(MORE LATER).


WHERE MOUNTAINY MEN HAVE SOWN :

war and peace in rebel Cork ,
in the turbulent years 1916-21.

By Micheal O'Suilleabhain : published 1965.

1921 - The Big Round-Up.......

"....... Den Buckley , from Toames , later shot dead by the Brits , was in his pub with about one dozen customers when 'Percival's Crowd' ('The Essex Regiment') entered , and all were ordered outside ......."

"The customers were lined-up along the wall at right-angles to the road and had to remain there until the first of the main body of British troops arrived . Percival was on horseback and his attention was called to the prisoners ; he did not leave his position to have a frontal view of them , but called a sergeant - " Have a look at those " , he instructed . The sergeant marched smartly to the end of the line remote from him and started his scrutiny as he walked slowly back to the other end . Eyes front again , he marched up to Percival and , saluting , he reported - " There's not a Shinner amongst them , Sir ! "

Later on in the evening I came home to find my mother and Mrs. Buckley , the wife of the owner of the pub , at our gate ; both were laughing heartily . Mrs. Buckley had seen and heard the scene from an upstairs window . " Not a Shinner amongst them , said he , and sure the man was right ," said Mrs. Buckley to us , " what were they , too, but a lot of little dravelisheens . "

I must explain that it was not at any lack of physical fitness that the people laughed , but that the group so contemptously rejected by the sergeant had long before been rejected by "the Shinners" as hostile but harmless !

[END of ' The Big Round-Up.......'].
(Tomorrow - ' THE CASTLE OF MACROOM ...').


TALKING TO THE PROVISIONALS.......

" The British Government has twice entered into detailed negotiations with representatives of the IRA . Nollaig O Gadhra recalls the talks that took place exactly ten years ago between the Northern Ireland (sic) Office and the Provisional Republican Movement . "

By Nollaig O Gadhra .


(From 'The Sunday Press' newspaper , 10th February 1985).
Re-produced here in 12 parts .
6 of 12 .

Discussions continued from 23 January 1975 , with substantial progress being made on what was seen as the less difficult points in the Republican demands . Freedom of movement for all Republicans during the period of the Truce was a particular sticking-point , in spite of a precedent set during the course of the negotiations with Mr. Whitelaw and the Tories in 1972 .

Towards the end of the month , the Gardiner Report and its implications were discussed . The Republican negotiators emphasised , once again , the " terrible consequences " that would follow any attempt to deny political status ; they also re-iterated their original aim in entering the dialogue ie - " If Her Majesty's Government wished to disengage from Ireland the Republican Movement would help them , but if their aim was to reconstruct British Rule in Ireland in some type of more acceptable form , then Republicans would contest the ground with them ......."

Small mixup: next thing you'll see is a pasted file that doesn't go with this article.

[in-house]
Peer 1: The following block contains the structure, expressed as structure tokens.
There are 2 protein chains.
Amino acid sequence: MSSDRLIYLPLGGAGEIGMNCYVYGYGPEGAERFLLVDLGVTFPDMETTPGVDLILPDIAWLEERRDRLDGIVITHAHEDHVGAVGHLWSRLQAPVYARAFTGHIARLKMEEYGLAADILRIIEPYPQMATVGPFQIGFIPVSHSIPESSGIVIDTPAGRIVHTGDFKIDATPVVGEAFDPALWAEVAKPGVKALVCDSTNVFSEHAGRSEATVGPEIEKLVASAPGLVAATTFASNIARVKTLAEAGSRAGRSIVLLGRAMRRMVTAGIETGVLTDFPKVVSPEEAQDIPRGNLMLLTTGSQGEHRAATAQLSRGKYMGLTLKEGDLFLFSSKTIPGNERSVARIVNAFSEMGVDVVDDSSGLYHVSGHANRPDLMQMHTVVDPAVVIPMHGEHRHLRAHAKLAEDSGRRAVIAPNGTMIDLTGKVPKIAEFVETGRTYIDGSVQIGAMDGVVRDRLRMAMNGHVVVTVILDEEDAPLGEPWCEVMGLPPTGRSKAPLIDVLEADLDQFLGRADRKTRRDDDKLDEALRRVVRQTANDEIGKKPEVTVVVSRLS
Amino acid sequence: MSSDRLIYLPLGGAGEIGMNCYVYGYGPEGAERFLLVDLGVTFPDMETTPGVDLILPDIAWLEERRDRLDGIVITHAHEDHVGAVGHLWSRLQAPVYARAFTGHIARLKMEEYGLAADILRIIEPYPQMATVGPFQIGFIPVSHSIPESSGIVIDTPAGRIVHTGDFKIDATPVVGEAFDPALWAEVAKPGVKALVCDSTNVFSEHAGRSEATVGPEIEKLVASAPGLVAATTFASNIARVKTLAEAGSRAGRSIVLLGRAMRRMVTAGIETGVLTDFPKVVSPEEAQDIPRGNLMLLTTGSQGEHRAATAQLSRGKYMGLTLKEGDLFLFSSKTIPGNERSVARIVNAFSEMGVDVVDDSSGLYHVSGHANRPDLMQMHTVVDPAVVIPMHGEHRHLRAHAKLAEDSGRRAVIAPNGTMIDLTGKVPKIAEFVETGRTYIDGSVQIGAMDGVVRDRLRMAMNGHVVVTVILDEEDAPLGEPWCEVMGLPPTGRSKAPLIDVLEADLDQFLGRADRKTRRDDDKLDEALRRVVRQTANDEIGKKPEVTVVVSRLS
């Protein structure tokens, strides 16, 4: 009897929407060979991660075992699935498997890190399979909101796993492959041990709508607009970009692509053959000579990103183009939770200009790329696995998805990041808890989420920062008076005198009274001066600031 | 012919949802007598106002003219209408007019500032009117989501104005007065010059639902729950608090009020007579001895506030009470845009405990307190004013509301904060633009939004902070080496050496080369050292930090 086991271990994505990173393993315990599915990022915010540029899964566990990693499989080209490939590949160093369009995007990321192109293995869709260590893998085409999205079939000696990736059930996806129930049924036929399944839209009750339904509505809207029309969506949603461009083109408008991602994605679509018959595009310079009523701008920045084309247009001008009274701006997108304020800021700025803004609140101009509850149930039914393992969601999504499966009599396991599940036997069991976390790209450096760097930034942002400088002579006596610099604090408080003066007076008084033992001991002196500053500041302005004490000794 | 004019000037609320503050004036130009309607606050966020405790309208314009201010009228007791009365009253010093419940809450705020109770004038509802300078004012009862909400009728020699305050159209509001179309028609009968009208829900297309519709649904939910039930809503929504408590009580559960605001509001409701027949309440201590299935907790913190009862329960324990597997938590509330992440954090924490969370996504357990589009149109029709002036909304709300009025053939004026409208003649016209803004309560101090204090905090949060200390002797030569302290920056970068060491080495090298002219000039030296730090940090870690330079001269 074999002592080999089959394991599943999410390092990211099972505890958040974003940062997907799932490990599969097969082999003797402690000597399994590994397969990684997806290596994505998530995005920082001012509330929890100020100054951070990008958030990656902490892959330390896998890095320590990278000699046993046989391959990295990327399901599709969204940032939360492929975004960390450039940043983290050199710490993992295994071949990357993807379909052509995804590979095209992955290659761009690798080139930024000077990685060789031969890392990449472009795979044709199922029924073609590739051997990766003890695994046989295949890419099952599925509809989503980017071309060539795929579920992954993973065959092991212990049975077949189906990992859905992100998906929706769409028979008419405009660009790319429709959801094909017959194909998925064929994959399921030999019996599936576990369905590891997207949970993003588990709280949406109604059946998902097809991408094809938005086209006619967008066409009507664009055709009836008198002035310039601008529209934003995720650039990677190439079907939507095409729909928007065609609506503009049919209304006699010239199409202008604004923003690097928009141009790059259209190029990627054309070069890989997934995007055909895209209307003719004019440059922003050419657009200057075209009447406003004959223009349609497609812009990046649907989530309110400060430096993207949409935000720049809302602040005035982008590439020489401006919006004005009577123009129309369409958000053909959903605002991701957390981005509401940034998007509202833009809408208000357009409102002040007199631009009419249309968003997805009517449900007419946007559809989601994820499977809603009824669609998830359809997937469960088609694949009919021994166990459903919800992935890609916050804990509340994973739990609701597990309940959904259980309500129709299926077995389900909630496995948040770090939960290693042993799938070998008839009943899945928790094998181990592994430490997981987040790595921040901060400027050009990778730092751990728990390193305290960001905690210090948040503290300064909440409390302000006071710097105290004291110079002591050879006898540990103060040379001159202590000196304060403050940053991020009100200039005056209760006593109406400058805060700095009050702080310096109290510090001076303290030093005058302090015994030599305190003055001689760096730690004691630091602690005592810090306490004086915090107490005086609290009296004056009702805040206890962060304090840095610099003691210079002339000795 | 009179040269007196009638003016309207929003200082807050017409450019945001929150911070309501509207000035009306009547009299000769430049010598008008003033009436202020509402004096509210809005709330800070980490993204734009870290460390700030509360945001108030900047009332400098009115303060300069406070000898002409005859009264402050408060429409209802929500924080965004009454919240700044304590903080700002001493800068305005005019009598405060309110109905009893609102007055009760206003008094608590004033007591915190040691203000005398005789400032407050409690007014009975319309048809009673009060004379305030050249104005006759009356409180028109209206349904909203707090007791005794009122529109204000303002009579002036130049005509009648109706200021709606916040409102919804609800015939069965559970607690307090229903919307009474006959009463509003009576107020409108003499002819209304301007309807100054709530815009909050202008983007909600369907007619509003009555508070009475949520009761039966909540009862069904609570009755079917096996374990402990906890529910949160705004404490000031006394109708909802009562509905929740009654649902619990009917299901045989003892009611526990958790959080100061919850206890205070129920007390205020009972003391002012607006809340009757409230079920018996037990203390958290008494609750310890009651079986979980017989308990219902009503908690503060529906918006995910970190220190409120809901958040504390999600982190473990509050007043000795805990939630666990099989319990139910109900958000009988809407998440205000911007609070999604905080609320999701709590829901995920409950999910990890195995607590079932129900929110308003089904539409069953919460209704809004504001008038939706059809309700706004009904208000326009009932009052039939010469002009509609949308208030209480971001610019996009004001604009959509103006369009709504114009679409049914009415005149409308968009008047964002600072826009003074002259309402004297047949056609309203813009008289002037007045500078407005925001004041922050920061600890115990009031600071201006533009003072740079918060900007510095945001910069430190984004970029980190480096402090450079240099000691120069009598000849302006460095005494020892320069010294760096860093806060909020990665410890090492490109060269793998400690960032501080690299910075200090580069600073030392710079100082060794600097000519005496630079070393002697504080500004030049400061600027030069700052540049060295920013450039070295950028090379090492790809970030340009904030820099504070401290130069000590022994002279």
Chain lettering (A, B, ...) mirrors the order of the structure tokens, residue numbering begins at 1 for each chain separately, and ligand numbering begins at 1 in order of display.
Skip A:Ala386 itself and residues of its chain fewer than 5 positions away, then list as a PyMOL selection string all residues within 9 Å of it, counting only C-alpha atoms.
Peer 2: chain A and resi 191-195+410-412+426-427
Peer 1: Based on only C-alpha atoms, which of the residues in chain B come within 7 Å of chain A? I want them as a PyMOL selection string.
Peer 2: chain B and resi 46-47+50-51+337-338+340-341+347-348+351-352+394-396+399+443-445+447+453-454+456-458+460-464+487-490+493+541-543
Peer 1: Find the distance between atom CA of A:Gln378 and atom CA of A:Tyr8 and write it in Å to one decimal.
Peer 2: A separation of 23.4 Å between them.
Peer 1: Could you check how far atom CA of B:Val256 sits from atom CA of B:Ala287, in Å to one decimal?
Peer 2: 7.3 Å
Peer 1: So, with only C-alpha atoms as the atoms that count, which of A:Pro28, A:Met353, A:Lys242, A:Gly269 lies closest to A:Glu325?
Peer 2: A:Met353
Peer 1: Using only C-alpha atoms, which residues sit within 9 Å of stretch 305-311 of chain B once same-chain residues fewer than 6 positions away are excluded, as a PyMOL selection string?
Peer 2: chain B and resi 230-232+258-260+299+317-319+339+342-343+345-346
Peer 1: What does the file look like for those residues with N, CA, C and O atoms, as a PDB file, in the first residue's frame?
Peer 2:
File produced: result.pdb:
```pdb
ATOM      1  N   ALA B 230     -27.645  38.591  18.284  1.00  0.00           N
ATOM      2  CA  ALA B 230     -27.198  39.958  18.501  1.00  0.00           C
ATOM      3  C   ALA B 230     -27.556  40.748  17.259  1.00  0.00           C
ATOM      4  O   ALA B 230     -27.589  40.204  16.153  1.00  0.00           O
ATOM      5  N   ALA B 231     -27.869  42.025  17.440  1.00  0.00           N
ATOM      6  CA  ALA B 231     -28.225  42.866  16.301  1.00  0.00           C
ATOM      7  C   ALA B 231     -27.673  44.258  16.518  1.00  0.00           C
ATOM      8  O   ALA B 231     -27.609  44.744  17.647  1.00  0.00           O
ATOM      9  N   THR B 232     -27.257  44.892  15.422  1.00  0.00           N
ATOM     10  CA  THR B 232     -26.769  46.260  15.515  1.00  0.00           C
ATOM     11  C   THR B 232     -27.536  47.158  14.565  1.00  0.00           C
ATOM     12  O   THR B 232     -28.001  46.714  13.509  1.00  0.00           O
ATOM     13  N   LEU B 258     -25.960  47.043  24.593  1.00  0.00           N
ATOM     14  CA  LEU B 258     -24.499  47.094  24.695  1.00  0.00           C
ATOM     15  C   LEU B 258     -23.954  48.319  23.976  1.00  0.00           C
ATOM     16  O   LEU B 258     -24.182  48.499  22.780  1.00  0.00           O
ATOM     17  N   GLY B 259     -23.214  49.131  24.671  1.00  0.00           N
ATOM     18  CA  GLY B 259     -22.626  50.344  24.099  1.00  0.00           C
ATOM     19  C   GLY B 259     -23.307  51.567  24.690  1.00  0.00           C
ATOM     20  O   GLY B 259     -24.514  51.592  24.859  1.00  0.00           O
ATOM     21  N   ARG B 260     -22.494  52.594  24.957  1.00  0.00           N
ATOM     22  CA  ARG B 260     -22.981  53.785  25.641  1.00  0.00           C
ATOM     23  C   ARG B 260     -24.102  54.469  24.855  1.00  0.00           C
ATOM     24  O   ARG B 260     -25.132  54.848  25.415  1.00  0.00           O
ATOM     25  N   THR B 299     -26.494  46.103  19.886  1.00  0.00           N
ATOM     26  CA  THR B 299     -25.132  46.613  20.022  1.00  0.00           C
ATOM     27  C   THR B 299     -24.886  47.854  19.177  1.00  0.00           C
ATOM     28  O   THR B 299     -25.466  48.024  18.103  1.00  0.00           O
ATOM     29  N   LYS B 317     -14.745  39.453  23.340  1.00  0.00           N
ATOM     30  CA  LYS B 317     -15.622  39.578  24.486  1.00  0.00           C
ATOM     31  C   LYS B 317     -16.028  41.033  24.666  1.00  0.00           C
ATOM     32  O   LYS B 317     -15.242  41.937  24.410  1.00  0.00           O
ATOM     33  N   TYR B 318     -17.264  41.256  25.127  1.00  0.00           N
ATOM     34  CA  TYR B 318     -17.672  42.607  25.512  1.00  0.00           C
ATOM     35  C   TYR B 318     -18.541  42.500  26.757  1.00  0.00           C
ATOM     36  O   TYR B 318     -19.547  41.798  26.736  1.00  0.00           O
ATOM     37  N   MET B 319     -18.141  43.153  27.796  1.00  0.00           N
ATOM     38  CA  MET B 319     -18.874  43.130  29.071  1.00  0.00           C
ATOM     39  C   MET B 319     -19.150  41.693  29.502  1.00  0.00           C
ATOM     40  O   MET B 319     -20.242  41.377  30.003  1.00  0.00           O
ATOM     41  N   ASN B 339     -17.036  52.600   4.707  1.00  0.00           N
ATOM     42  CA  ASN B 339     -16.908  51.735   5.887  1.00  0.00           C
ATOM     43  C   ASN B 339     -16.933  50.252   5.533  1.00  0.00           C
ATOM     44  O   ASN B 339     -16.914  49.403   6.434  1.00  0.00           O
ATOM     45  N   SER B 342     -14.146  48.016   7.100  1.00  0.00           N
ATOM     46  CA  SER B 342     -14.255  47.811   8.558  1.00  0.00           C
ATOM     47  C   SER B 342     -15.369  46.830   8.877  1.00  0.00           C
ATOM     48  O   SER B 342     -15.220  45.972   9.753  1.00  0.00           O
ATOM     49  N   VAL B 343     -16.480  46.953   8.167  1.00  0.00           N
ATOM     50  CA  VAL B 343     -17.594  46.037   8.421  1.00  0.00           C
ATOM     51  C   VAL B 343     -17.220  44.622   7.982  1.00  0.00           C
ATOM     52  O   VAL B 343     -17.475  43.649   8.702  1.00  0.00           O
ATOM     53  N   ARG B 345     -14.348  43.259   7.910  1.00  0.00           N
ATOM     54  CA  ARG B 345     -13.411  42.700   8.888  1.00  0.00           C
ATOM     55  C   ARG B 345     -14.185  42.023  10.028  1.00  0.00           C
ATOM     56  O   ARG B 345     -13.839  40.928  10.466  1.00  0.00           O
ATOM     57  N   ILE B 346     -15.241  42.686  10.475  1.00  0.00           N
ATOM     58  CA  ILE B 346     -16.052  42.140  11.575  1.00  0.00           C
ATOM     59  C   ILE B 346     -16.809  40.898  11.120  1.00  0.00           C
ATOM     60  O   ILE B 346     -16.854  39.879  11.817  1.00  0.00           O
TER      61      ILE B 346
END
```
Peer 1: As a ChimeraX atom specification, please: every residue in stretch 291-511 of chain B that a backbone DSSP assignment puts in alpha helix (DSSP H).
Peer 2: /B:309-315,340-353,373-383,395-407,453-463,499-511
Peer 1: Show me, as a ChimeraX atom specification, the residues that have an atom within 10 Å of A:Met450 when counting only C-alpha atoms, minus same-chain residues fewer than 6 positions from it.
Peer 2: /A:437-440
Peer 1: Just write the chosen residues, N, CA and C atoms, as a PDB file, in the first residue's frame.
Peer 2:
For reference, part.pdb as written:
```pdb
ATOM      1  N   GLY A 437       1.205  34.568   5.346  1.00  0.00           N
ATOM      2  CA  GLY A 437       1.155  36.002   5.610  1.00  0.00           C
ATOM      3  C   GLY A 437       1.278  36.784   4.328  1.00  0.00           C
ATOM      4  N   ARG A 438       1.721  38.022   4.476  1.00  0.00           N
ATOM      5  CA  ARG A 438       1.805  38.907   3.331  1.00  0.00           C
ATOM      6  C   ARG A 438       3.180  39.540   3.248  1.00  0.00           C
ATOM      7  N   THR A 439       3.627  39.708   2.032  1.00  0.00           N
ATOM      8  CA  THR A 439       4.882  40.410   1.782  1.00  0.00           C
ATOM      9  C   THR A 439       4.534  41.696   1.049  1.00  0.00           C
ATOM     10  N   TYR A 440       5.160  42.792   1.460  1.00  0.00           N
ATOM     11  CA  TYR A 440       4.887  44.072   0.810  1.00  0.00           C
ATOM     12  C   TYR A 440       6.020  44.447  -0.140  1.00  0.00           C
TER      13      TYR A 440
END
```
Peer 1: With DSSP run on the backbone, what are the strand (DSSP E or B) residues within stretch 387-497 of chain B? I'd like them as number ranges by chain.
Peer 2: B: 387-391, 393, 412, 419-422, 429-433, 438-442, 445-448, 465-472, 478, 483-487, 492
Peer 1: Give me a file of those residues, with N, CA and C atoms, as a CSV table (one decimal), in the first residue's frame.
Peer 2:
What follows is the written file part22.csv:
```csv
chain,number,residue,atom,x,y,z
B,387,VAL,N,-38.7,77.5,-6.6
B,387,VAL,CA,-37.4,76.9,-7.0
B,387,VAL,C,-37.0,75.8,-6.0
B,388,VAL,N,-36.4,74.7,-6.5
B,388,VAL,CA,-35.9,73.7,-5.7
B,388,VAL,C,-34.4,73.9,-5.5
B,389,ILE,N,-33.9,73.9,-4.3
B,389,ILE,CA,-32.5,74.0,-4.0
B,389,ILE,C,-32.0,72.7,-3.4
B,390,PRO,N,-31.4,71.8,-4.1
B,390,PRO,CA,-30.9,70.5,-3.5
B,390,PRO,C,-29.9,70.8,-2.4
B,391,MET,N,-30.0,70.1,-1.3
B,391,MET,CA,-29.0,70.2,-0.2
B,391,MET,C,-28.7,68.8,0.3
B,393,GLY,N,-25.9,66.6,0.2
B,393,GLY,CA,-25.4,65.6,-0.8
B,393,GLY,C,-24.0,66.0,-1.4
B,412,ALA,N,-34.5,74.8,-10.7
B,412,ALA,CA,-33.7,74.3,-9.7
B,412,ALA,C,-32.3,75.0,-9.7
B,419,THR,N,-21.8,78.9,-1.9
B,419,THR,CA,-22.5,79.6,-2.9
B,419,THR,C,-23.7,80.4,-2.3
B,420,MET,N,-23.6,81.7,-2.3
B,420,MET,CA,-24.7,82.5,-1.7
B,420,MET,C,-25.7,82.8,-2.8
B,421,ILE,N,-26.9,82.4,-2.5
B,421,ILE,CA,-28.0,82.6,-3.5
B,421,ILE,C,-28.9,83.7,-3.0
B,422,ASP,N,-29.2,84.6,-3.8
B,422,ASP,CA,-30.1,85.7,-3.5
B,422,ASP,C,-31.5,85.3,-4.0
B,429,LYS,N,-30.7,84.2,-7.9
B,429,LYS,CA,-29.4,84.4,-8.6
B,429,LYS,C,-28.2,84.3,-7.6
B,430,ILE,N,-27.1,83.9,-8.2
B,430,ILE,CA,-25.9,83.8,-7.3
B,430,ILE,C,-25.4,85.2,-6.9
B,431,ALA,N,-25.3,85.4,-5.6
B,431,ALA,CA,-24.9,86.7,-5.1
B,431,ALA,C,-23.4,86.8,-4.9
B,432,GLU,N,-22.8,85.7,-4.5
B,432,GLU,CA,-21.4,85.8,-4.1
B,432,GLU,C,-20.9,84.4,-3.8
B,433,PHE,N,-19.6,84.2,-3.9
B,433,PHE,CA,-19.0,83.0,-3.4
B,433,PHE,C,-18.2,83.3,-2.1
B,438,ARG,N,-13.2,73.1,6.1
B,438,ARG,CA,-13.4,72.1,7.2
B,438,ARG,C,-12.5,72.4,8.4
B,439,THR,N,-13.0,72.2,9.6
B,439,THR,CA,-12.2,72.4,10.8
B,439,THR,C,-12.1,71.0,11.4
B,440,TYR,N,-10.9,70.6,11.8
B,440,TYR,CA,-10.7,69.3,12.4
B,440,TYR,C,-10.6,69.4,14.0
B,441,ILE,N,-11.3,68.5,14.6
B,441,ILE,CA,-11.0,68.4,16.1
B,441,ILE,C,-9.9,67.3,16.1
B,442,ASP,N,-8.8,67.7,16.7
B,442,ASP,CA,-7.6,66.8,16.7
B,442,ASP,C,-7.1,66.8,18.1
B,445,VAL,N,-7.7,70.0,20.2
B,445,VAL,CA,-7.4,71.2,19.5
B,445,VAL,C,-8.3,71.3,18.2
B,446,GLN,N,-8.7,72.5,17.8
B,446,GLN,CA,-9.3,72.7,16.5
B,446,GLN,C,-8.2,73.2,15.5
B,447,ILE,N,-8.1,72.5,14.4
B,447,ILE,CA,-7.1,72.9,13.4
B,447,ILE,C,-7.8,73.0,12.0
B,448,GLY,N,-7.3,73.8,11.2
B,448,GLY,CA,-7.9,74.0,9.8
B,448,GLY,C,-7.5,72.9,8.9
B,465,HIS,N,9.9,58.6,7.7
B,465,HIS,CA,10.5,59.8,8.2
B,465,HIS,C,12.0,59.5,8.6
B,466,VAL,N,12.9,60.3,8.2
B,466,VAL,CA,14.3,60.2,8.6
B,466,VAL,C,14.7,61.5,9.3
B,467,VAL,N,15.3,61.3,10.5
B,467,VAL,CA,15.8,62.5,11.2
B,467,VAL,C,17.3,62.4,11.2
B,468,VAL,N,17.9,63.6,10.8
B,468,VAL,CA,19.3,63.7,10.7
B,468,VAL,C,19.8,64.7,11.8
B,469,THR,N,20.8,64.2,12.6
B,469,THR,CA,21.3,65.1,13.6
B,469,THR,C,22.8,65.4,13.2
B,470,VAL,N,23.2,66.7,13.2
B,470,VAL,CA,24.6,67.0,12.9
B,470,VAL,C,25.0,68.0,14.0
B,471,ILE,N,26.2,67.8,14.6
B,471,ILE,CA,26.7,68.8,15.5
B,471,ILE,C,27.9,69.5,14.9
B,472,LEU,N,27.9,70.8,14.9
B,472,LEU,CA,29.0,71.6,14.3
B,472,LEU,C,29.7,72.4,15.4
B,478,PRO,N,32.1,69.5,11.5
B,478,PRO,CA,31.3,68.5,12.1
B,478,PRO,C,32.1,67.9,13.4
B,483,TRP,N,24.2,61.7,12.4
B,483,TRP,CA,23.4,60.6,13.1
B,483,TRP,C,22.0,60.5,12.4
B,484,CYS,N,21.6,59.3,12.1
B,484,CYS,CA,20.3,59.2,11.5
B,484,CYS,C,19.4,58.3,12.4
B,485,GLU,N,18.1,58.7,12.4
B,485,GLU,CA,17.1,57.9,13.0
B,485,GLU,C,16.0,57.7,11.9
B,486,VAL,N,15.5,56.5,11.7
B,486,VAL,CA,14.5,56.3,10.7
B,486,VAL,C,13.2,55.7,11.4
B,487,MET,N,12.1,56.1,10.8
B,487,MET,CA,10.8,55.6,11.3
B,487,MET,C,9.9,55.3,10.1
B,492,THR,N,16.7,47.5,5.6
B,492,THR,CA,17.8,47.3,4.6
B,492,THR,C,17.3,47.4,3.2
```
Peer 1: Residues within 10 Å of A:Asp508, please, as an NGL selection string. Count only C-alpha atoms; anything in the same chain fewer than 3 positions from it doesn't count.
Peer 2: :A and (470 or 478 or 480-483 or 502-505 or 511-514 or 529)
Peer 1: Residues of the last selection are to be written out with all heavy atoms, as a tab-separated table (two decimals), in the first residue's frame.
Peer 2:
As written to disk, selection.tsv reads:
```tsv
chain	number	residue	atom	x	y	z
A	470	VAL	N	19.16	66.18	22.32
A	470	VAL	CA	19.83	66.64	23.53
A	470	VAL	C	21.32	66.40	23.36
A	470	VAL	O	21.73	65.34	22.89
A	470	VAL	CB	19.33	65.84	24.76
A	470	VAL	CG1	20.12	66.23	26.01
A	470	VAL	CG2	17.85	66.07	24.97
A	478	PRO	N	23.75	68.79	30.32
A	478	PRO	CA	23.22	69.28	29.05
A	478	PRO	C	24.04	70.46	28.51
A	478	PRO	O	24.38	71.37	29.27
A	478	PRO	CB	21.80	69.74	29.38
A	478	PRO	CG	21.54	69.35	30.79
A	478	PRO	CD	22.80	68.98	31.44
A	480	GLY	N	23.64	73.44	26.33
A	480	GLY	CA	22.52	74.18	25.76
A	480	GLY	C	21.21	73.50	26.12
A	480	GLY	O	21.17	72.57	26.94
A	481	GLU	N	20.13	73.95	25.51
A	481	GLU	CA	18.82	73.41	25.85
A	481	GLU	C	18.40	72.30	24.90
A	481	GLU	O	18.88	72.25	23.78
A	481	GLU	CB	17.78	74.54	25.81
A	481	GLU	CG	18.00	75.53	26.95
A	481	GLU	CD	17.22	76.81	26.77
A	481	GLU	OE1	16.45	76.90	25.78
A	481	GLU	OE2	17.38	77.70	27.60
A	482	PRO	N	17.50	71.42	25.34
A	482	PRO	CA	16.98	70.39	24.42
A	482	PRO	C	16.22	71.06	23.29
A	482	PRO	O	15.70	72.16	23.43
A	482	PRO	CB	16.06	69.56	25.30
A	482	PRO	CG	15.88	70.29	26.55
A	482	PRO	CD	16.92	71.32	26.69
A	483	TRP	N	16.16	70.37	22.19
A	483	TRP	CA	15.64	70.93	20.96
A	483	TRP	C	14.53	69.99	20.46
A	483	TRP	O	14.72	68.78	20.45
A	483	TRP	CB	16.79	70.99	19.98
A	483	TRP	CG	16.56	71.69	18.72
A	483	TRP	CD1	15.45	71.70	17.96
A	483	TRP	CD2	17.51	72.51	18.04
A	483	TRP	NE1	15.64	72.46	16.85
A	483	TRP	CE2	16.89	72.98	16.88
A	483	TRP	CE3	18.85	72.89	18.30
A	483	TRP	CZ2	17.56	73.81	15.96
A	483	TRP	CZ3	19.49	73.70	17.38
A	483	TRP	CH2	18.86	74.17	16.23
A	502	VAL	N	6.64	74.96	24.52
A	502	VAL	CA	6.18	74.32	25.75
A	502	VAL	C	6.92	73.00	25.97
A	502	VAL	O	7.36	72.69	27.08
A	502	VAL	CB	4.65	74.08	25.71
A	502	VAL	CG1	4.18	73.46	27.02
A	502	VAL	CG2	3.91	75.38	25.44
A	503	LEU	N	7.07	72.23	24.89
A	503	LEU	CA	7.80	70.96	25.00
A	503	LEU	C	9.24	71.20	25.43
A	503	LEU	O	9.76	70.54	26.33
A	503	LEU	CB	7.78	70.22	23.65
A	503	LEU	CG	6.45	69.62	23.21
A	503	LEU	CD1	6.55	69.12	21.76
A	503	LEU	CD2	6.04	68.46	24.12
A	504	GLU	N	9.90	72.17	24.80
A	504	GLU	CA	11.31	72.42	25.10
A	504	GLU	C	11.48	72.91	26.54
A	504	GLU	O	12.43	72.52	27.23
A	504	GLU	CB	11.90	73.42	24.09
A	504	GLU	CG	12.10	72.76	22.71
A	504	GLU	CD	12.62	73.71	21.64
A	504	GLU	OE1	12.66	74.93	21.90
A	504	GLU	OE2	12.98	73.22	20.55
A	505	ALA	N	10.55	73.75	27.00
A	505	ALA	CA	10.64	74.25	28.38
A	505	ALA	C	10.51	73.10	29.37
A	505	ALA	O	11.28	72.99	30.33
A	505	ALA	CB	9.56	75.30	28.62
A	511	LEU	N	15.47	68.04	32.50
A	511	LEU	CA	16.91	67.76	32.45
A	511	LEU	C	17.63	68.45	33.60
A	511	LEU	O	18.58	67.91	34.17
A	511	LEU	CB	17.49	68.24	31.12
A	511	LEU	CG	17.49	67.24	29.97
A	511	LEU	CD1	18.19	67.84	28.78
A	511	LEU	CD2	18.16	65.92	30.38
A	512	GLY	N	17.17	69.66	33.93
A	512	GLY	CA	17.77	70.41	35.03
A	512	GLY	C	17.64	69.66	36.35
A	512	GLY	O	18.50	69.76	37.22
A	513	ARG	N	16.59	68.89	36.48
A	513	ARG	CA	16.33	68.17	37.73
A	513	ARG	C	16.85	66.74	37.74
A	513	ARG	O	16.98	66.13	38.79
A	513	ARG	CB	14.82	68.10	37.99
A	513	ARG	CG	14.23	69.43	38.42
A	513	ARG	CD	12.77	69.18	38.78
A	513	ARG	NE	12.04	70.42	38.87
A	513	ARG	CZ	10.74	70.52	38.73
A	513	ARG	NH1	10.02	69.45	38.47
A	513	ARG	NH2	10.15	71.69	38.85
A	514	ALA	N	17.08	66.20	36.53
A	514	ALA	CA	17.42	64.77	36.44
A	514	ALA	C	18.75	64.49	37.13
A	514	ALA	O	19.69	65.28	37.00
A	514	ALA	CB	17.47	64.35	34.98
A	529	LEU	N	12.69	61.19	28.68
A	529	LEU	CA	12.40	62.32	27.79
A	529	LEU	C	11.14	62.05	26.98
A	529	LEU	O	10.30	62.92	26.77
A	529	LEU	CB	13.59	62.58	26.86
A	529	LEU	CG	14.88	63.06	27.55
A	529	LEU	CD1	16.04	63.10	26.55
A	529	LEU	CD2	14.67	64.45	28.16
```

('1169.....' comment - in our opinion , the 1998 Stormont Treaty ('GFA') was an agreement between the Brits , the Free Staters and the Provos "to reconstruct British Rule in Ireland" : Irish Republicans will not accept any agreement which seeks to do that.)

(MORE LATER).






Wednesday, June 30, 2004

MARTIN McDERMOTT , 1823-1905 : YOUNG IRELANDER .......

....... Martin McDermott was 'Chief Architect' to the Egyptian Government when , in 1882 , the Brits bombed the City of Alexandria (July 11th , 1882) ; he designed new buildings to replace those destroyed , then, at sixty years of age , he retired and moved to London , England .......

Whilst living in London , Martin McDermott became involved in the thriving literary scene ; he helped to establish the Southwark Library Club in the same year that he moved there (1883) and , at 68 years of age , he was a founding member of the Irish Library Society (in 1891). He published a number of books ('The Coulin' , 'The Exile') and , at 71 years of age , wrote 'The New Spirit of The Nation' , perhaps his best known work .

His old friend Charles Gavan Duffy assisted him , in 1896 , when he was 73 years of age , in publishing his 'Songs and Ballads of Young Ireland' . After a life which saw him born into a wealthy family , become a leading architect , hold political discussions with a revolutionary government and spend 35 years in Egypt , Martin McDermott died in Bristol , England , on April 25th , 1905 . He was 82 years of age .

Again , we found it difficult to obtain the above information on this man - like many of those we attempt to write about on this 'blog' , the name 'Martin McDermott' did not 'jump-out' at us from the history books , and we can only hope we have done him justice . The man made his mark in his day but , like many others , todays commercialised society sees no value in remembering him .

To us , Martin McDermott is another link to our past , part of an 835-year-old saga . And Counting .......